Wednesday, September 16, 2009
To help departments, schools and colleges complying with the new Policy on Storage and Encryption of Sensitive Information, UW-Madison is offering a limited number of free licenses of McAfee Endpoint Encryption software for Windows-based computers. IT administrators can obtain this software by sending an email to firstname.lastname@example.org or email@example.com. Faculty and staff should consult with their local IT support staff before encrypting their computers.
The University does not mandate the use of any specific software, but the encryption must be managed and the University must be able to access the data, if needed. Departments, schools and colleges may decide to purchase additional encryption software, and the DoIT Tech Store can provide guidance on University contract options. Contact firstname.lastname@example.org for more information.
UW-Madison stores and processes thousands of records containing sensitive data. To protect these records from unauthorized access, the University now requires all faculty and staff to encrypt sensitive University data, as detailed in a new policy that went into effect on June 1, 2009.
The new Policy on Storage and Encryption of Sensitive Information (.pdf) is intended to reduce the risk of unauthorized access to sensitive University data. This is particularly important for protecting Social Security numbers, financial account numbers, student data and the intellectual property of research.
Under the new policy, UW faculty and staff must obtain permission from supervisors before storing sensitive information on personal-use computers. In addition, faculty and staff can only store the minimal amount of sensitive information needed, encrypt what data remains, and ensure that these University data records are available, if needed. The date for complying with the new Policy on Storage and Encryption of Sensitive Information has not yet been determined.
Sensitive data — especially any personally identifiable data — must be protected. Laws such as the Family Educational Rights and Privacy Act (FERPA) and the Health Insurance Portability and Accountability Act (HIPAA) outline responsibilities for protecting University information. Sensitive data includes restricted data such as Social Security numbers and financial account numbers, passwords, and research data potentially subject to a future patent. A draft definition of what constitutes sensitive data is available on our wiki.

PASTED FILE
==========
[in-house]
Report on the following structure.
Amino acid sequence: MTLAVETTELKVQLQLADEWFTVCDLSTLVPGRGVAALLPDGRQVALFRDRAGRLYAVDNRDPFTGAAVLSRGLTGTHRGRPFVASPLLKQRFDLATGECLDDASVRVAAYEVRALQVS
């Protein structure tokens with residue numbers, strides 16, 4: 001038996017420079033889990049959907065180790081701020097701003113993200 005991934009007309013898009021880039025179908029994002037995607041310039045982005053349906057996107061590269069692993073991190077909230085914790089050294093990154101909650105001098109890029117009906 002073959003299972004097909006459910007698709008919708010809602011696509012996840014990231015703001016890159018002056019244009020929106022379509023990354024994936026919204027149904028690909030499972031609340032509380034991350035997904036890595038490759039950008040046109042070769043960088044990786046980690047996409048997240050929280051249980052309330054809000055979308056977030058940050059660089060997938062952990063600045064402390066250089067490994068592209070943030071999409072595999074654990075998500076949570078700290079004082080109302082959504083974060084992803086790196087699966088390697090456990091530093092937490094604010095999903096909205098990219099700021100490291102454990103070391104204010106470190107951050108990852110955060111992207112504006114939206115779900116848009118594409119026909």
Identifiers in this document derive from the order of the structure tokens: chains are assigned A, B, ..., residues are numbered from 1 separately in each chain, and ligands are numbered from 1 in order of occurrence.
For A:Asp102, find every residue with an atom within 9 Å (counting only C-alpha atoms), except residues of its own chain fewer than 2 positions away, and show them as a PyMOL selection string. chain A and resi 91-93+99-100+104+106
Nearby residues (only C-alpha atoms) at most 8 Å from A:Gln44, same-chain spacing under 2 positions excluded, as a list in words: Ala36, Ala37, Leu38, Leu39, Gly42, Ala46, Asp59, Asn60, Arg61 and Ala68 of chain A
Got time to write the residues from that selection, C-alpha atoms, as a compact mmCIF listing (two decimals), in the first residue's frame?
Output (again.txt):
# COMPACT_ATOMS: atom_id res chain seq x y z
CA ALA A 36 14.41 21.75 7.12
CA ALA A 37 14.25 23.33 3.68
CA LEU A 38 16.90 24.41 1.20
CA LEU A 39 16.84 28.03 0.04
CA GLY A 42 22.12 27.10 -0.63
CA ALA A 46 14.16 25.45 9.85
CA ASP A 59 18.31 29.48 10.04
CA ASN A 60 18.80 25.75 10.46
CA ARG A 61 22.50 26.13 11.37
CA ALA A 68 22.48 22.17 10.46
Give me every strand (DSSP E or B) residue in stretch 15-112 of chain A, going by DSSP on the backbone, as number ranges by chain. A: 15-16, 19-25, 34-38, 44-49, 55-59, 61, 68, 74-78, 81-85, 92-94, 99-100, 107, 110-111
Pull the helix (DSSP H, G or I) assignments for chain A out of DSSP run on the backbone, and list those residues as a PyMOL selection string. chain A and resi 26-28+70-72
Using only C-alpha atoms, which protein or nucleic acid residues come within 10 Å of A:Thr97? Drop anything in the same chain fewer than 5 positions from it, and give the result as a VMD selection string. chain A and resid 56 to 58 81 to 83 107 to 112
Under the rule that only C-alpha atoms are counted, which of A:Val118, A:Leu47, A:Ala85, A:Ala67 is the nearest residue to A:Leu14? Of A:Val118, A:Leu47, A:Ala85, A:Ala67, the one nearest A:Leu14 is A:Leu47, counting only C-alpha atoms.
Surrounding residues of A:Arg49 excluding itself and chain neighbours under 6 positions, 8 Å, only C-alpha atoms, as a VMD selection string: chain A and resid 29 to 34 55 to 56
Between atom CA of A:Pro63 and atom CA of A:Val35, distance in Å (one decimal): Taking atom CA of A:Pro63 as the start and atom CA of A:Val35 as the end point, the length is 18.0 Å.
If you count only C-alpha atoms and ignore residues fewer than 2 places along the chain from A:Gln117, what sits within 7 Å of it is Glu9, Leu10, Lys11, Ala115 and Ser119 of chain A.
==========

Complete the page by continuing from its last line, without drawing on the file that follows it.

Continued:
Encryption and other electronic security controls provide a mechanism for protecting confidential information. Should a faculty laptop containing confidential information be lost or stolen, for example, encryption would protect the data from unauthorized access.
Campus departments helped to develop the new policy, and several participated in a pilot test of McAfee Endpoint Encryption software. The pilot included 400 computers in the Division of Enrollment Management offices. Phil Saunders of Enrollment Management praised the pilot: “From my standpoint, the implementation of the McAfee Endpoint Encryption software went very smoothly. The staff were afraid that it would be difficult to use, or worse, make their computer slower. They discovered that they don’t even know it’s there except for an extra password.”
This new IT policy is just one of many on the Web site of the Office of the CIO (www.cio.wisc.edu/policies/) that detail roles and responsibilities of faculty, staff and students in the appropriate use of computing resources and protection of sensitive data. For more information on IT policies, contact Judy Caruso at email@example.com. To learn more about encryption, contact Allen Monette at firstname.lastname@example.org.
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